Arendt explains that the current regime of representative parliamentarism (today fallaciously dubbed representative “democracy” — an oxymoron)

could not save the people from lethargy and inattention to public business, since [it] provided a public space only for the representatives of the people, and not for the people themselves.[12]

In other words, with the exception of the ruling class, the rest of society has no access to the political processes that shape the direction their society is to take. One might object, by pointing to electoral procedures that usually take place once every several years, reminded by the famous words of Jean-Jacques Rousseau that in such regimes people are free only during the election of members of parliament.[13] But there is a more than convincing correction to that thought offered by Cornelius Castoriadis, according to whom the subjects of such regimes are not free even on election day, as their decisions have been prescribed by political parties, the propaganda industry, and other factors long before their visit to the ballot box.[14]

For Arendt, citizenship is something that is practiced[15], and as such it requires a proper public space. According to her, danger for the emergence of authoritarian tendencies emerges from settings, such as the one we have today, where certain degree of liberty is given to the people in their private capacity but there is no space established for them in their capacity of being citizens.[16] In this sense, political participation is spatially limited, since it is not universally valid, but becomes reality only when a majority of the people applies it. The active practice of citizenship by the people in the public affairs of their communities provides them not only with the experience of public freedom, but also with a sense of political and genuinely civic agency.

A suitable space where the people can act, and turn into, active citizens are the institutions of direct democracy, such as the popular council and the public assembly. For Arendt, councils are the best instruments for breaking up the modern mass society, with its dangerous tendency toward the formation of pseudo-political mass movements.[17] Such popular democratic institutions are invaluable for the creation of vital citizenship as they are the only political organs where party membership plays no role whatsoever, and are in fact spaces for people to act without intermediaries. It is for this reason, as Arendt notes, that the councils of direct democracy will always be in conflict with parliaments as well as with ‘constituent assemblies’, for the simple reason that the latter, even in their most extreme wings are still the children of the party system.[18]

Unlike others who, from fear of the rise of the excessive mob, seek to erect even more barriers to keep the masses from political power, Arendt concludes that the only remedies against the misuse of public power by private individuals lie in the public realm itself.[19] In other words, the best solution to authoritarianism is the establishment of a political setting in which all members of society have an equal share in power and can collectively put limits to excessive and oligarchic attitudes.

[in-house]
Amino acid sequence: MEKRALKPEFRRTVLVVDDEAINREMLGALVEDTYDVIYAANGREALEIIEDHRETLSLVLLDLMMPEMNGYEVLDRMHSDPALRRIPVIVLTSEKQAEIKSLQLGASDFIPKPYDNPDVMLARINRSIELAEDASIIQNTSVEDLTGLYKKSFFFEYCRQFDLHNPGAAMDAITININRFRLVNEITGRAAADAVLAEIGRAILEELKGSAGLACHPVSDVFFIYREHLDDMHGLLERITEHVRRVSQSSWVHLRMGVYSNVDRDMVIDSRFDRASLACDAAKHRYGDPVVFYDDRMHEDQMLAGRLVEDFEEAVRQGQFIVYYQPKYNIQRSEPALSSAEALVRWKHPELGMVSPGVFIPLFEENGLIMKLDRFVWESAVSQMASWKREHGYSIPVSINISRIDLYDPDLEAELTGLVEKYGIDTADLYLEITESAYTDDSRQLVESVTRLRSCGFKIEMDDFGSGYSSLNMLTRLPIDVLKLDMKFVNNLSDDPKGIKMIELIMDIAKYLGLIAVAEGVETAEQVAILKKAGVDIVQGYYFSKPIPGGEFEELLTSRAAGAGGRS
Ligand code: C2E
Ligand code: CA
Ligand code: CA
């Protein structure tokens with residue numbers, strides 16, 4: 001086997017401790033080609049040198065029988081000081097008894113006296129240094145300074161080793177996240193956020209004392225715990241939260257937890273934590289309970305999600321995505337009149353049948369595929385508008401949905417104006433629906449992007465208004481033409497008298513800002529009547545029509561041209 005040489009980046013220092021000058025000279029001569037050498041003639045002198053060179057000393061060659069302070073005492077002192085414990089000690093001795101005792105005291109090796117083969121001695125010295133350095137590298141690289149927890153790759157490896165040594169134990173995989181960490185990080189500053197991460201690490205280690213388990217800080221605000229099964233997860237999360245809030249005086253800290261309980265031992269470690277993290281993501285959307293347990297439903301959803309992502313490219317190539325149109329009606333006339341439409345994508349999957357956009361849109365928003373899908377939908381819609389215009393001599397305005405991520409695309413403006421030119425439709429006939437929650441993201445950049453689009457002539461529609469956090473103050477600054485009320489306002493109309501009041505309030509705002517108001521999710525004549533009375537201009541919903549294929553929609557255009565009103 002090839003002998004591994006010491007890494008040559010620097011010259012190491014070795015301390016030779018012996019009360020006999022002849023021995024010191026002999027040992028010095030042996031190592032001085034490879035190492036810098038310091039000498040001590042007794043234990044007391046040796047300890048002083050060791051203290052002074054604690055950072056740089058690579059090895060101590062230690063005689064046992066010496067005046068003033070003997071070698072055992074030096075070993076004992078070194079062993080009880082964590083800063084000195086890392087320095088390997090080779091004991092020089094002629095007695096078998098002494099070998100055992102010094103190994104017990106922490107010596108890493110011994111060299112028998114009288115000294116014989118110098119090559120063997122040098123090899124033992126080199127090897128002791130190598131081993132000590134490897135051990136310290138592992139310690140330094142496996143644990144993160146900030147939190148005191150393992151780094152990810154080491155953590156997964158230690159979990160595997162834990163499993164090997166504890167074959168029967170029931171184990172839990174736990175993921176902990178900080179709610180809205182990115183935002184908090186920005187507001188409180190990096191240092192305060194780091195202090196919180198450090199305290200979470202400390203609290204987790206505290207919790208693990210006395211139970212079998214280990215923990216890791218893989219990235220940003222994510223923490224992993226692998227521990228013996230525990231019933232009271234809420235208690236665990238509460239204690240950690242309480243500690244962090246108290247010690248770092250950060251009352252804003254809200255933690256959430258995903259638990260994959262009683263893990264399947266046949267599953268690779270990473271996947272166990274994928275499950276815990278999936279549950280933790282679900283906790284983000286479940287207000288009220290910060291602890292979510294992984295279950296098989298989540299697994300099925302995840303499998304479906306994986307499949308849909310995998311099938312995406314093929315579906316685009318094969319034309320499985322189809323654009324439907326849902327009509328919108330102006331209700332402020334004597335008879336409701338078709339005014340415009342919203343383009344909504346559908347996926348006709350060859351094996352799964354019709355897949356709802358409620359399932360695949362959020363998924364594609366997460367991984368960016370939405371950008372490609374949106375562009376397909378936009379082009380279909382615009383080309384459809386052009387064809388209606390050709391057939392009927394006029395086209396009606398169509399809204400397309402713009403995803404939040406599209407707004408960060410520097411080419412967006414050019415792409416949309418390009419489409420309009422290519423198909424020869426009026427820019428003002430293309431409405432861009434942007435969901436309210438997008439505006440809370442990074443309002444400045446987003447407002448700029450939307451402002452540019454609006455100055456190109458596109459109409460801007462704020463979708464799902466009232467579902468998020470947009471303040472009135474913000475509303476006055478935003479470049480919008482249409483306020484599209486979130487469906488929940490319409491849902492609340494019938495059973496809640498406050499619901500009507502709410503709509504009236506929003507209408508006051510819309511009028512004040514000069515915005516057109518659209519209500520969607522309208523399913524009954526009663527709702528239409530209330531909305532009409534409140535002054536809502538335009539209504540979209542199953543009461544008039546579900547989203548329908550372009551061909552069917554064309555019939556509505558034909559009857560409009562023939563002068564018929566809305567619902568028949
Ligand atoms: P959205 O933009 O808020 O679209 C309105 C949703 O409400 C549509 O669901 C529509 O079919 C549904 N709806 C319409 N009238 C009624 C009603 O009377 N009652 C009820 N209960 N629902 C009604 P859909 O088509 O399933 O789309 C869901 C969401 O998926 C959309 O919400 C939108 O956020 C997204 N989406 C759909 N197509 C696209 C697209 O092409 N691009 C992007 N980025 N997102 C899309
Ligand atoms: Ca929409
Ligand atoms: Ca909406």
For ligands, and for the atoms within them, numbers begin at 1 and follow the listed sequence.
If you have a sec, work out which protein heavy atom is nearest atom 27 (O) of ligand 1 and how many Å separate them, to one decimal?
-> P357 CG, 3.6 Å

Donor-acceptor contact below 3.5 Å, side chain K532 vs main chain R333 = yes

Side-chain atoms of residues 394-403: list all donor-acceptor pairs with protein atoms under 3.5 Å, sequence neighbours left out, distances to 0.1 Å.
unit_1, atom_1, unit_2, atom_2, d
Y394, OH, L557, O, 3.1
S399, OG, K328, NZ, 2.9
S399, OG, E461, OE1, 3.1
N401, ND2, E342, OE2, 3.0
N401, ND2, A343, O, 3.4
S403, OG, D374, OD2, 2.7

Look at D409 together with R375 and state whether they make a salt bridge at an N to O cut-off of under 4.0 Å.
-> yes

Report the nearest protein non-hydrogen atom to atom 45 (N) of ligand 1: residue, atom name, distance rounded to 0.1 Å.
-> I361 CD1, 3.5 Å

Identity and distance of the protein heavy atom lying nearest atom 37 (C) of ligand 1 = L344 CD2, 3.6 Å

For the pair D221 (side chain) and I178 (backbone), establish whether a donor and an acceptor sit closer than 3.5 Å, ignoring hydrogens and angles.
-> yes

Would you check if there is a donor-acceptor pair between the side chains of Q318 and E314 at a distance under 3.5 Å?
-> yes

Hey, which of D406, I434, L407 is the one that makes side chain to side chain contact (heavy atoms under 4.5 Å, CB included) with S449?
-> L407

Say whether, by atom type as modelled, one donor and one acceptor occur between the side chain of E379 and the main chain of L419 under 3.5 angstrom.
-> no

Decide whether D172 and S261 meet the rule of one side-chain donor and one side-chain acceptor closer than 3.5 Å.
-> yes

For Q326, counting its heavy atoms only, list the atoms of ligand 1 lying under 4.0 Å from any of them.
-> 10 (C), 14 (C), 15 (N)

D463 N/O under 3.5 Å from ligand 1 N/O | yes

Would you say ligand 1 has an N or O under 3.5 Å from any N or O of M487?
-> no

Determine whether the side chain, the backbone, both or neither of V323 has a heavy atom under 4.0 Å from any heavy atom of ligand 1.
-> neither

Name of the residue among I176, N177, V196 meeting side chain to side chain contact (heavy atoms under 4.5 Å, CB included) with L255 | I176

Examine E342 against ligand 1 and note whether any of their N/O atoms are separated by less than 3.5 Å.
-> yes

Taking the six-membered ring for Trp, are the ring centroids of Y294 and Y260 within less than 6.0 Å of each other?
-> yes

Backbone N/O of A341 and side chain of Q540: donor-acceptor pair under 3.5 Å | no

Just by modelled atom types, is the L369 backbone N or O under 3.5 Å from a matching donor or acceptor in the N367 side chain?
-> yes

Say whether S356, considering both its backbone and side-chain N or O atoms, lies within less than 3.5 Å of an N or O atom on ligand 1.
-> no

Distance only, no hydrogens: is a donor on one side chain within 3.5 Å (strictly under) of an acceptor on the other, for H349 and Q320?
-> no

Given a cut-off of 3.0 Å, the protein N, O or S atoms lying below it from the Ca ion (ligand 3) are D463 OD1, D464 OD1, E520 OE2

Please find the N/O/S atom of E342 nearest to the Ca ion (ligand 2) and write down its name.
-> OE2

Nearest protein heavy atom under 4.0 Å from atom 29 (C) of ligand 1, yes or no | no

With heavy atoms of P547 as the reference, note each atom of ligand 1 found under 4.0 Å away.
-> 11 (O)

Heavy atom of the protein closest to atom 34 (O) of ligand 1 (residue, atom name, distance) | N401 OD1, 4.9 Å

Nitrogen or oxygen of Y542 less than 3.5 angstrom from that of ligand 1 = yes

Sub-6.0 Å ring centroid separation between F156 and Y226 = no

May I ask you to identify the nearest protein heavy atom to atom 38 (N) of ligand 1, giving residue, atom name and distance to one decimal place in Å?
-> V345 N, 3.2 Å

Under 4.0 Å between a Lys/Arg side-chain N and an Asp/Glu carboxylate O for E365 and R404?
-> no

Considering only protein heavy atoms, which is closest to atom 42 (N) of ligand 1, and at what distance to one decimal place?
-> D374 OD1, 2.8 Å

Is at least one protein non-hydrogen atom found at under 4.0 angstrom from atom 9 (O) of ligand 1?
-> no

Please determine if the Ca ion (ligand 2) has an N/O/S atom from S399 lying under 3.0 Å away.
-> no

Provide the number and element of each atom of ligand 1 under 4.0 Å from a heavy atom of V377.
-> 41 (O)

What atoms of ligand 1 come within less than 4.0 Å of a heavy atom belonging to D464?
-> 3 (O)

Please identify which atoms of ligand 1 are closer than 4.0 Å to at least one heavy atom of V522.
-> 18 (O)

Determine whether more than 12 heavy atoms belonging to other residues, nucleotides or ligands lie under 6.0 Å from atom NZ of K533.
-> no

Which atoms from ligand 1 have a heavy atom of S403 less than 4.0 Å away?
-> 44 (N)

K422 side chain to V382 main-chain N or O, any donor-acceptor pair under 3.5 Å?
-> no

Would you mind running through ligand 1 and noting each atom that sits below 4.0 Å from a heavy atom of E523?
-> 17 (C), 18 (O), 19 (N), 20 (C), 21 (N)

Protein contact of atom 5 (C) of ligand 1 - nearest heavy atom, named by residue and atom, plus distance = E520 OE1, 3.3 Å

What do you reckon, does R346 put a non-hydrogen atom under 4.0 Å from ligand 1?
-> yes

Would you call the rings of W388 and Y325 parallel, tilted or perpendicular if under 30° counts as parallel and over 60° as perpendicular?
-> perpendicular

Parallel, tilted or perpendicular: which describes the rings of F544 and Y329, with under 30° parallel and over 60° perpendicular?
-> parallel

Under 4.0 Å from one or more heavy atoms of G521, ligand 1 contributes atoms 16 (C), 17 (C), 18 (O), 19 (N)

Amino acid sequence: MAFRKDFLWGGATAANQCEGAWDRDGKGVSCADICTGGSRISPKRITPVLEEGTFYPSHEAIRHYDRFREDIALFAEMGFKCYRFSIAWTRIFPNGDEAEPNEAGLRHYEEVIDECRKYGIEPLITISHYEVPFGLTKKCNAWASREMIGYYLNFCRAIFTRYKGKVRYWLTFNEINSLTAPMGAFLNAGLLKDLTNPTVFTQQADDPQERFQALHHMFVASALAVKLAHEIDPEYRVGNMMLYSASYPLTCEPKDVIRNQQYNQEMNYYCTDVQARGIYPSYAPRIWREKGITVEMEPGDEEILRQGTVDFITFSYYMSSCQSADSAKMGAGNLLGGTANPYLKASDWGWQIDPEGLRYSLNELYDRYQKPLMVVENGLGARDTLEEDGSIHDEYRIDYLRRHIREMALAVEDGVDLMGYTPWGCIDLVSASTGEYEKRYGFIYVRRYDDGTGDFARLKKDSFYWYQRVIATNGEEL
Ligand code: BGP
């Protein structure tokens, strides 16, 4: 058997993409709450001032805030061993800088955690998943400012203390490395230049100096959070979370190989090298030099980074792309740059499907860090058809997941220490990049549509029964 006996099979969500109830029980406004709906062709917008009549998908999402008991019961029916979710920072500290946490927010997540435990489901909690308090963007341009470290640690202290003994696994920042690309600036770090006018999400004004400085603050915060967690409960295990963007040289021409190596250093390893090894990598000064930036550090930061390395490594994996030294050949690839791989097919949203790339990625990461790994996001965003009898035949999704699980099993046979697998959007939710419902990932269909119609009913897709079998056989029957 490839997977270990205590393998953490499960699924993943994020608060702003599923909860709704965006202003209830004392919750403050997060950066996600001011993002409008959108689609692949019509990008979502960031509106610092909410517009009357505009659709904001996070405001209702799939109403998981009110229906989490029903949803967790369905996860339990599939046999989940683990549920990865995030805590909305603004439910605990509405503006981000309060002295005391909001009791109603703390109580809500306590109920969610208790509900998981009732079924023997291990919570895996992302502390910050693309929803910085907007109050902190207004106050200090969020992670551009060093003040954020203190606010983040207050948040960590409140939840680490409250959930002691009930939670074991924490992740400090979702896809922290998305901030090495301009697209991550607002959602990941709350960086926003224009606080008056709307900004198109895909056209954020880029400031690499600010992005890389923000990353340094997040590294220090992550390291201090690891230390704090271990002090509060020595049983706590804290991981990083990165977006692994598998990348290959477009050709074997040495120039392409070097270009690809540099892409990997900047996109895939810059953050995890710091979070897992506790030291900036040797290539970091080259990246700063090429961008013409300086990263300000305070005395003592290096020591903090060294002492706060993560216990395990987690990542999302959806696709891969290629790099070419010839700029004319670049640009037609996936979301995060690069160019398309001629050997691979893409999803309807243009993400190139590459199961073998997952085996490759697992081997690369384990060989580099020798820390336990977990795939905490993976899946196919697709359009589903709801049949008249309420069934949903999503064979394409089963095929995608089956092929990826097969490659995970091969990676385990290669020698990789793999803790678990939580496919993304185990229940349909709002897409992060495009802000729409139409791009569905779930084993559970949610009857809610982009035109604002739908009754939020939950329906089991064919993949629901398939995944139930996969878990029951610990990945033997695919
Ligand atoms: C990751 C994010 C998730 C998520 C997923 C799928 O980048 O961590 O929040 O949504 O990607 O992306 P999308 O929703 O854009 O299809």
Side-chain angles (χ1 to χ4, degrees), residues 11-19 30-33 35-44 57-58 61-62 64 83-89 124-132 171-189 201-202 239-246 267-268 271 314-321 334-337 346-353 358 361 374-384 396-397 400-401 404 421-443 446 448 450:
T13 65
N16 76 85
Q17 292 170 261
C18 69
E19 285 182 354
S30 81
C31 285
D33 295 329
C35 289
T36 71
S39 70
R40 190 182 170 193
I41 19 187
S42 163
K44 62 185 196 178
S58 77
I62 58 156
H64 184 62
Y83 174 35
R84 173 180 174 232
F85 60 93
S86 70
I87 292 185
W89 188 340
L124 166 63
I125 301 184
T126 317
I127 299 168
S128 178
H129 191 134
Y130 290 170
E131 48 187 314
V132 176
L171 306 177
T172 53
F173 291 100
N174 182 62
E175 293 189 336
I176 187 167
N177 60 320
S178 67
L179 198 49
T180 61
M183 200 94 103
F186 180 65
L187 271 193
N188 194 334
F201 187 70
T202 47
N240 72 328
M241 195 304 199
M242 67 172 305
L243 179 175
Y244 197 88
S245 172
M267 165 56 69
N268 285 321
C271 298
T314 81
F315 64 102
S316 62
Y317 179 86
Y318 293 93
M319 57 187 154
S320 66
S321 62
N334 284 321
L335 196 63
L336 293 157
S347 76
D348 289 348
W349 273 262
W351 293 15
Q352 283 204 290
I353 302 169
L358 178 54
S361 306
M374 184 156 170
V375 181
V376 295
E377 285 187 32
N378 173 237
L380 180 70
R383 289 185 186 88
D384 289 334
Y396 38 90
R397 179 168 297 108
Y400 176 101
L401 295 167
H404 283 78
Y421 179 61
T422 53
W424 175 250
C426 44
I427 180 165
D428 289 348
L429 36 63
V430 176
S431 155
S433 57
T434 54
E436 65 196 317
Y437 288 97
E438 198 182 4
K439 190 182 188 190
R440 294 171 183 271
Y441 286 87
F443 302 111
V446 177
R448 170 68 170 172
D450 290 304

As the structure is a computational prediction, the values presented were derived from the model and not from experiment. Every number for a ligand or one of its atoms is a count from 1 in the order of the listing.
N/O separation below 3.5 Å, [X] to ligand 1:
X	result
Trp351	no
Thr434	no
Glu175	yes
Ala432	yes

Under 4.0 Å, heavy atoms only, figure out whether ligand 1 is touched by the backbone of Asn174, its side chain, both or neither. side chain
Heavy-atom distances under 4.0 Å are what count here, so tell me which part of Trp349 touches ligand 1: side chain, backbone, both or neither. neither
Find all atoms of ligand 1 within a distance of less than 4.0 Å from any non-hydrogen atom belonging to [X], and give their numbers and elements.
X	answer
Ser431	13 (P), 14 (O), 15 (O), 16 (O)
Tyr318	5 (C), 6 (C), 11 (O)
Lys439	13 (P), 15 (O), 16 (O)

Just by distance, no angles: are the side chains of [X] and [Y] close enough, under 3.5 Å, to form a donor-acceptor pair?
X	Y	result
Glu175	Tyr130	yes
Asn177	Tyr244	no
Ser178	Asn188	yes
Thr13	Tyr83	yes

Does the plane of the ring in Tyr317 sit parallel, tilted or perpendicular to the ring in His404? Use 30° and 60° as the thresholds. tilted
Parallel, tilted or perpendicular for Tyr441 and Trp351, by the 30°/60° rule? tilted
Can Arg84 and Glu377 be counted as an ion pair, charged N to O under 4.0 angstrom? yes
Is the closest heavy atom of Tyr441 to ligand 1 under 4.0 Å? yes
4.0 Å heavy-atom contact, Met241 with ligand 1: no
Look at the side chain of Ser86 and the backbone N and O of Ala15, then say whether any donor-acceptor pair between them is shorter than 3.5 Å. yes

Much time has passed since the publication of Arendt’s The Origins of Totalitarianism back in 1951, but the danger of authoritarianism is still present. The liberal oligarchic environment of the current representative regimes provides fertile ground for the emergence of mob-like tendencies that advance totalitarian projects and autarchic leaders. But such authoritarian movements are not an inevitable form of the people. Instead, they are a by-product of a system that denies the right to genuine political participation to the vast majority of society. It is this state of generalized disempowerment that drives the emergence of mobs. An antidote to such totalitarian tendencies is the creation of genuine public space, where a spatiality is provided for the emergence of another form of the people — that of the citizen. The exercise of citizenship, according to Arendt, is one of the best antidotes to authoritarian attitudes. It is only by means of direct political participation, that is, by engaging in common action and collective deliberation, that citizenship can be reaffirmed and political agency effectively exercised.

[1] Hannah Arendt: The Origins of Totalitarianism (London: Harcourt, 1973), p307


[3] Hannah Arendt: The Origins of Totalitarianism (London: Harcourt, 1973), p107

[4] Hannah Arendt: The Origins of Totalitarianism (London: Harcourt, 1973), p238

[5] Hannah Arendt: The Human Condition (London: The University of Chicago Press, 1998), p203

[6] Hannah Arendt: The Origins of Totalitarianism (London: Harcourt, 1973), p107

[7] Hannah Arendt: The Origins of Totalitarianism (London: Harcourt, 1973), p382

[8] Hannah Arendt: The Origins of Totalitarianism (London: Harcourt, 1973), p249

[9] Hannah Arendt: The Origins of Totalitarianism (London: Harcourt, 1973), p337

[10] Hannah Arendt: The Origins of Totalitarianism (London: Harcourt, 1973), p107

[11] Jean-Yves Camus & Nicolas Lebourg: Far-Right Politics In Europe (Cambridge: The Belknap Press, 2017), p12

[12] Hannah Arendt: On Revolution (New York: Penguin Books, 2006), p230

[13] Jean-Jacques Rousseau: The Social Contract



[16] Hannah Arendt: On Revolution (New York: Penguin Books, 2006), p245

[17] Hannah Arendt: On Revolution (New York: Penguin Books, 2006), p271

[18] Hannah Arendt: On Revolution (New York: Penguin Books, 2006), pp255–256

[19] Hannah Arendt: On Revolution (New York: Penguin Books, 2006), p245


Teaser photo credit: Extinction Rebellion Tell the Truth Protest, London February 22 2019. David Holt via Wikimedia Commons. CC BY 2.0.